Thursday, November 23, 2006

360 review: Lego Star Wars II (4/10)

Seems like a great idea, right? Lego games. We all played with Legos as kids. People like Legos. Make the game fun, so that both adults and kids can play it. Make it a Star Wars game. Everyone likes Star Wars.

Well.

Lego Star Wars II does a few things right. It recreates the first three movies pretty well; it has a ton of unlockables; two-player mode seems easy to do, with the second person able to pop in and out as needed (perfect if your kids are just a little young to get through some of the harder parts). You do have health and can die (until you buy some extras), but when you do, you drop a few coins and are put right back in the action, so there's no three-lives-and-out.

However, it's a platform game. Not a problem ... but it's also designed to be a cinematic game (third-person view, camera usually fixed at a distance). Very bad combination. There are all sorts of places where you need to hit a jump just right, but with the camera at a distance, it's very difficult to tell where you need to be, so you'll make use of those unlimited lives.

And it's designed to be easy to pick up, so there's no way to aim: it's automatic. Great if there's only one target on the screen. Not great if you're shooting at something in front of you, but the game decides you want to aim at something to your right. Or, for that matter, that you're too close to hit the object right in front of you.

In story mode, you have one or more AI companions; in free play, you have only one. The AI is awful. The computer-controlled characters aren't allowed to do any damage, which is fine, but they usually get in the way during a fight, and at worst, in free play mode, are the same character as the ones you're shooting, so you don't realize you're firing at the wrong guy until he dies. They generally have no idea where they're going and will happily push you off a platform or block a narrow path simply to be near you, but will also display a cat's unwillingness to come down from a platform to which you've led them. The only time they ever do anything helpful is when you are attempting a task that requires two people, which (fortunately) they manage very well.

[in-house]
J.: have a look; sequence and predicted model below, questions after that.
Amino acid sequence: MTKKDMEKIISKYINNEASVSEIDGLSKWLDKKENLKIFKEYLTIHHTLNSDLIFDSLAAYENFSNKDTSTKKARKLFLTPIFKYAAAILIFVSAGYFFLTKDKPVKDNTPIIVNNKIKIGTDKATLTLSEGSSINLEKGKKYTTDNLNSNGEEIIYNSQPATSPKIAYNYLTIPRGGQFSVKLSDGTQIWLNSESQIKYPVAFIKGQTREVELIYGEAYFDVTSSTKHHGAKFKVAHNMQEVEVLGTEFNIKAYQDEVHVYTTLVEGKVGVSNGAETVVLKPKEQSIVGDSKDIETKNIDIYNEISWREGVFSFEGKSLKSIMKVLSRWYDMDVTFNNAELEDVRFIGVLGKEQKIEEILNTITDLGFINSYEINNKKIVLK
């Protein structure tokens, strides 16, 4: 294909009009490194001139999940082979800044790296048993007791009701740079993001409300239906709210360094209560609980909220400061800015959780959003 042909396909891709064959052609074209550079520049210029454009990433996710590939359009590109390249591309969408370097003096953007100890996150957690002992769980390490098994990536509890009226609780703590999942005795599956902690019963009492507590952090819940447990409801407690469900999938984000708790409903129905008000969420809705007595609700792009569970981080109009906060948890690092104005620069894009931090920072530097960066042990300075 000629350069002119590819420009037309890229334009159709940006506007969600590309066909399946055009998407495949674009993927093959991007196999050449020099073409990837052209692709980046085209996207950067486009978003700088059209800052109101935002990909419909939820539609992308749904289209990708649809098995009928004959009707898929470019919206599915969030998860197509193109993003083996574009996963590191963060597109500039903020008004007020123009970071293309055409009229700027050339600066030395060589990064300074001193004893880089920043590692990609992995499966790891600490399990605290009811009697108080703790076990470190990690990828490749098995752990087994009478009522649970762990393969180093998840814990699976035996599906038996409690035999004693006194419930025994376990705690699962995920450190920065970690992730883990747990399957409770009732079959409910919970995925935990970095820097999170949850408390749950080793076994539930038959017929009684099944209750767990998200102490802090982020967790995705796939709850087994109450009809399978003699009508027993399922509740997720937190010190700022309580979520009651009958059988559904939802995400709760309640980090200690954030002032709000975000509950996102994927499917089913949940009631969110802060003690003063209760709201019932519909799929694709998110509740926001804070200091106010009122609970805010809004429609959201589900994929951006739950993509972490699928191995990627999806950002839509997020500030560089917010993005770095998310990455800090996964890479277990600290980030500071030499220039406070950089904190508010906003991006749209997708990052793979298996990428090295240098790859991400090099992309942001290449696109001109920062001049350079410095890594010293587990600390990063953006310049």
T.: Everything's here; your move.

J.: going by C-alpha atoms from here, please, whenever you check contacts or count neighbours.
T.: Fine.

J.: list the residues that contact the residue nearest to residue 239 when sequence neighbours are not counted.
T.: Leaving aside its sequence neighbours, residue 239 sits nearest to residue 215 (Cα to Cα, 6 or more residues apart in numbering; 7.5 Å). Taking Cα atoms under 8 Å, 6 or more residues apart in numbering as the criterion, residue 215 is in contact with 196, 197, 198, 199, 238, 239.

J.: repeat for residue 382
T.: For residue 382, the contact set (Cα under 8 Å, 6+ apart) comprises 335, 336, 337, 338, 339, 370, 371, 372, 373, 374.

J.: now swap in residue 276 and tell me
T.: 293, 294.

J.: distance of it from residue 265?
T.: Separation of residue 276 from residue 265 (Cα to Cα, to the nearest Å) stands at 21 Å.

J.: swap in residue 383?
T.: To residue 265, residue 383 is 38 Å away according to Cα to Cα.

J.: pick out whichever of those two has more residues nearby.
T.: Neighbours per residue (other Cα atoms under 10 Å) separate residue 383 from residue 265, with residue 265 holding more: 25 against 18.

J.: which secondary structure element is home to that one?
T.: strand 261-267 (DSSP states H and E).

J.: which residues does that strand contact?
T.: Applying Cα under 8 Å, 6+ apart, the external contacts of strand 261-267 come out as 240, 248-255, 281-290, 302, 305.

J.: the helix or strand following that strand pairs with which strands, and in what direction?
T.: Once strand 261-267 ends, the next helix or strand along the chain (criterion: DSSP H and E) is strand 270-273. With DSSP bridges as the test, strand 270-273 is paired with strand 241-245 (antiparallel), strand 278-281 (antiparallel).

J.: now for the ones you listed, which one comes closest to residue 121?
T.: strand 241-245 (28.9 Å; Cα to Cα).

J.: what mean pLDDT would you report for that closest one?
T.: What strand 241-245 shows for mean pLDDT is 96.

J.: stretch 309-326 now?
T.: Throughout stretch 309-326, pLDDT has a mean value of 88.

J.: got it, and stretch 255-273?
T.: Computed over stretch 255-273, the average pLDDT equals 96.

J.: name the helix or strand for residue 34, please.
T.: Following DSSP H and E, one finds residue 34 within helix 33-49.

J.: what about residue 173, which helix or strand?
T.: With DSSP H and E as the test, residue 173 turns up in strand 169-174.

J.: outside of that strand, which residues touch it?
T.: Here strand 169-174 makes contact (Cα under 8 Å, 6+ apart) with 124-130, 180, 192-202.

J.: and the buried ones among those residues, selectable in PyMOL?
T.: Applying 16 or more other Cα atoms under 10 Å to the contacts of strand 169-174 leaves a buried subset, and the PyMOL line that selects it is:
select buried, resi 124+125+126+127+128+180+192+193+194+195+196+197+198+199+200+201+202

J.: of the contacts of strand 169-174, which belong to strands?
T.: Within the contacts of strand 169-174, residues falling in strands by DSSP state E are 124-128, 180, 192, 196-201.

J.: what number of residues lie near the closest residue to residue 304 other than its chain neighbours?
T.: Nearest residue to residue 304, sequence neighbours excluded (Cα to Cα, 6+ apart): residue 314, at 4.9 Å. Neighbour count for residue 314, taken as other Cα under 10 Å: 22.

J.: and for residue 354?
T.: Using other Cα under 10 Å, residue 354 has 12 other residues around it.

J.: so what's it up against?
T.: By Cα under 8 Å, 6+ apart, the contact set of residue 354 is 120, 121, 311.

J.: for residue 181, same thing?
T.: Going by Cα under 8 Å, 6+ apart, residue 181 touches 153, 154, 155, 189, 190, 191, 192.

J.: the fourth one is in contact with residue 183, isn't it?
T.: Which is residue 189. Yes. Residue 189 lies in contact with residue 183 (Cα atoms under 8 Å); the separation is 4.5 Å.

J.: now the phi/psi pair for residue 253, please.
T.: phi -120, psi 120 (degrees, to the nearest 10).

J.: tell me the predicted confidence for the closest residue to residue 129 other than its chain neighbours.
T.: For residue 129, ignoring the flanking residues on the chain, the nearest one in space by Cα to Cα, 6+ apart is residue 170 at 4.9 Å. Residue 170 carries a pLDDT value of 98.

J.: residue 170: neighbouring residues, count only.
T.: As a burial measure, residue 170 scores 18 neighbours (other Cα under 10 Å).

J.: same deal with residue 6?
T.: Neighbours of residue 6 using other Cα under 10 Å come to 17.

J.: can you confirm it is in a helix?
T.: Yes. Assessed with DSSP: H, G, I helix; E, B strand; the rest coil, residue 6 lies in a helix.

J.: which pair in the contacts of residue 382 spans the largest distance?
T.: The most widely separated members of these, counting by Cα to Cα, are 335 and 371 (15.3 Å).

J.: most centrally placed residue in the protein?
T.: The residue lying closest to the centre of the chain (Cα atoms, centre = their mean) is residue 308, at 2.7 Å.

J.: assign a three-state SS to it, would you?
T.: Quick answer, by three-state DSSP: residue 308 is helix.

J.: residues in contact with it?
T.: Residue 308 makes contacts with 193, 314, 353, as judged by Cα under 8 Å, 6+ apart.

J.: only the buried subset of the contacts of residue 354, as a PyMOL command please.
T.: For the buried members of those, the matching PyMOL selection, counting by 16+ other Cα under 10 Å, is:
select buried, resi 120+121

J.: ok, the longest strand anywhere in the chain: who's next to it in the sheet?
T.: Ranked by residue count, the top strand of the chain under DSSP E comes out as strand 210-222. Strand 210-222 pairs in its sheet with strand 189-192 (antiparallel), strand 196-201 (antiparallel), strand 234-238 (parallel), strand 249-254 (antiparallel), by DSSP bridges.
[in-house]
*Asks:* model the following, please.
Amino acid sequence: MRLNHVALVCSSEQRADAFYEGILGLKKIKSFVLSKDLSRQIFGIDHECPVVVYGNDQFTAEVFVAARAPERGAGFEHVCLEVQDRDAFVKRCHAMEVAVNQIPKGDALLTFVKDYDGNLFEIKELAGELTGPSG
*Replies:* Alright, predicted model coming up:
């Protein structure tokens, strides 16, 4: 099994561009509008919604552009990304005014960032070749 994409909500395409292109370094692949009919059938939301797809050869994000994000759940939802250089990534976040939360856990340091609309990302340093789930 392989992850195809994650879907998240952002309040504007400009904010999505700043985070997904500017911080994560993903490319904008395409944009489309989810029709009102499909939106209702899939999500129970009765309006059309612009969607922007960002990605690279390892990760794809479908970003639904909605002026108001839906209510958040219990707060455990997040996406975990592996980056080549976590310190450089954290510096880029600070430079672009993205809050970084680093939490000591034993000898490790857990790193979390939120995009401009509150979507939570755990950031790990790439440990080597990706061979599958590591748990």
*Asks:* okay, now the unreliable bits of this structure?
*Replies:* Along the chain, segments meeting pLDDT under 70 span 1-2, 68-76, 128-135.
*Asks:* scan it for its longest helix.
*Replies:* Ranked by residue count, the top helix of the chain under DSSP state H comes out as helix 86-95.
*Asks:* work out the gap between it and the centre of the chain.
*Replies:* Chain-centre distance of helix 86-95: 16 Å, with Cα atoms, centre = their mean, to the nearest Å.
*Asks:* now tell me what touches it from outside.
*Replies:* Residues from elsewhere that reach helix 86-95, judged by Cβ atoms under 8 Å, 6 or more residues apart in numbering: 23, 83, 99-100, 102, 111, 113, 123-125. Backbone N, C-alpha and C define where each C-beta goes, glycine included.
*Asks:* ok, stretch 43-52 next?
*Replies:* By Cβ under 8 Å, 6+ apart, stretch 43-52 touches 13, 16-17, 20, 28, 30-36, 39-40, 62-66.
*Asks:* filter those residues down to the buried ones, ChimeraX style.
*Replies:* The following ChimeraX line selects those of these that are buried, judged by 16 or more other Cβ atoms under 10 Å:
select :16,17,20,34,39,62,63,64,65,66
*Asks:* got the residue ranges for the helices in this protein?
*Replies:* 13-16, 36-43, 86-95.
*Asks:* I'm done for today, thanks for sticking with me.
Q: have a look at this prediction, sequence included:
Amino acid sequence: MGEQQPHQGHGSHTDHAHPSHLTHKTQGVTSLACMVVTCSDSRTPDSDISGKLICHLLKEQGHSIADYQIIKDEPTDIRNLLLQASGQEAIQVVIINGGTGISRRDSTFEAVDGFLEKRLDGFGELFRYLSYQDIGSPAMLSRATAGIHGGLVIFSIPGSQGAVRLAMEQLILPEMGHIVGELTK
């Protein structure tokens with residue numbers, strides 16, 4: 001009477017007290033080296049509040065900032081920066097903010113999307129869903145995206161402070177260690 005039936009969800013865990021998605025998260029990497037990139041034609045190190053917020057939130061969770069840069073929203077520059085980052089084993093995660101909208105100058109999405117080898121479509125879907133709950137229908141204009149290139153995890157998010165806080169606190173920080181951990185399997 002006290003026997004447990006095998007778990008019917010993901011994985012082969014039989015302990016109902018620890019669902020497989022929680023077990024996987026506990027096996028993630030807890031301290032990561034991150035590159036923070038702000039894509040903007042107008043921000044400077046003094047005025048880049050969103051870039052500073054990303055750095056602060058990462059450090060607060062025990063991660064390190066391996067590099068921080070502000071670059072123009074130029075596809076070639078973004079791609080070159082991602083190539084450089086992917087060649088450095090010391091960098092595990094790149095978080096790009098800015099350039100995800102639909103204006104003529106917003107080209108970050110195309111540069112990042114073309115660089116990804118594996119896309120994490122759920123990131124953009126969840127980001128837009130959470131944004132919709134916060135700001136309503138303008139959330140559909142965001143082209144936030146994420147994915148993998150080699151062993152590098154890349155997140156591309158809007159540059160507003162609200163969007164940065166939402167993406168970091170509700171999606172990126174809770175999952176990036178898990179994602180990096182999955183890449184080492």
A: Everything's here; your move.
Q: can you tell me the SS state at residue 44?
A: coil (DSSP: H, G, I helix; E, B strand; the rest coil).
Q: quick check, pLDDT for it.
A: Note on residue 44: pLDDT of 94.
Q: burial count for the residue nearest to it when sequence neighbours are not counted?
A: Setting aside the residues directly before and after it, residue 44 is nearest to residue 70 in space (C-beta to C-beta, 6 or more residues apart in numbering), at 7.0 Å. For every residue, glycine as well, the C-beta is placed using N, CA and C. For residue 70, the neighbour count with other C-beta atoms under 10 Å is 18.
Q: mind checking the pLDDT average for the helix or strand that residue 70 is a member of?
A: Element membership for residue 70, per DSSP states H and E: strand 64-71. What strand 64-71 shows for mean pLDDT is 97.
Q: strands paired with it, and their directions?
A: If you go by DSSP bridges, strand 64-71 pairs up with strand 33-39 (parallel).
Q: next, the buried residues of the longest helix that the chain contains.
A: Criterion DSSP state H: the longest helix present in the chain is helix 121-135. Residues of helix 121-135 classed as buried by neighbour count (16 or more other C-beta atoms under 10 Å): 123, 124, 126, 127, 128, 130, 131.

Most of the achievements are based on completing levels without dying or using extras. Good luck with that. The invulnerability extra is extremely valuable, and I'd suggest finding it and buying it as soon as possible. The second and third movies have a number of parts where you're basically getting shot left and right, so it's much easier to manage when you're not dying every couple of minutes, especially if you're trying to get the coin blocks.

If you're a big Star Wars fan, you might love this game if you can overlook its faults, and if you have a significant other who plays games too, maybe the two-player version is tolerable. But I can't overlook its faults. It's not a bad game to rent for a while, because when you can't take it any more, you can just send the game back and get another one. It's too bad, because with a couple of improvements (intelligent camera and the option for manual aim), this could have been a great game.

zlionsfan's rating: 4 droids out of 10.

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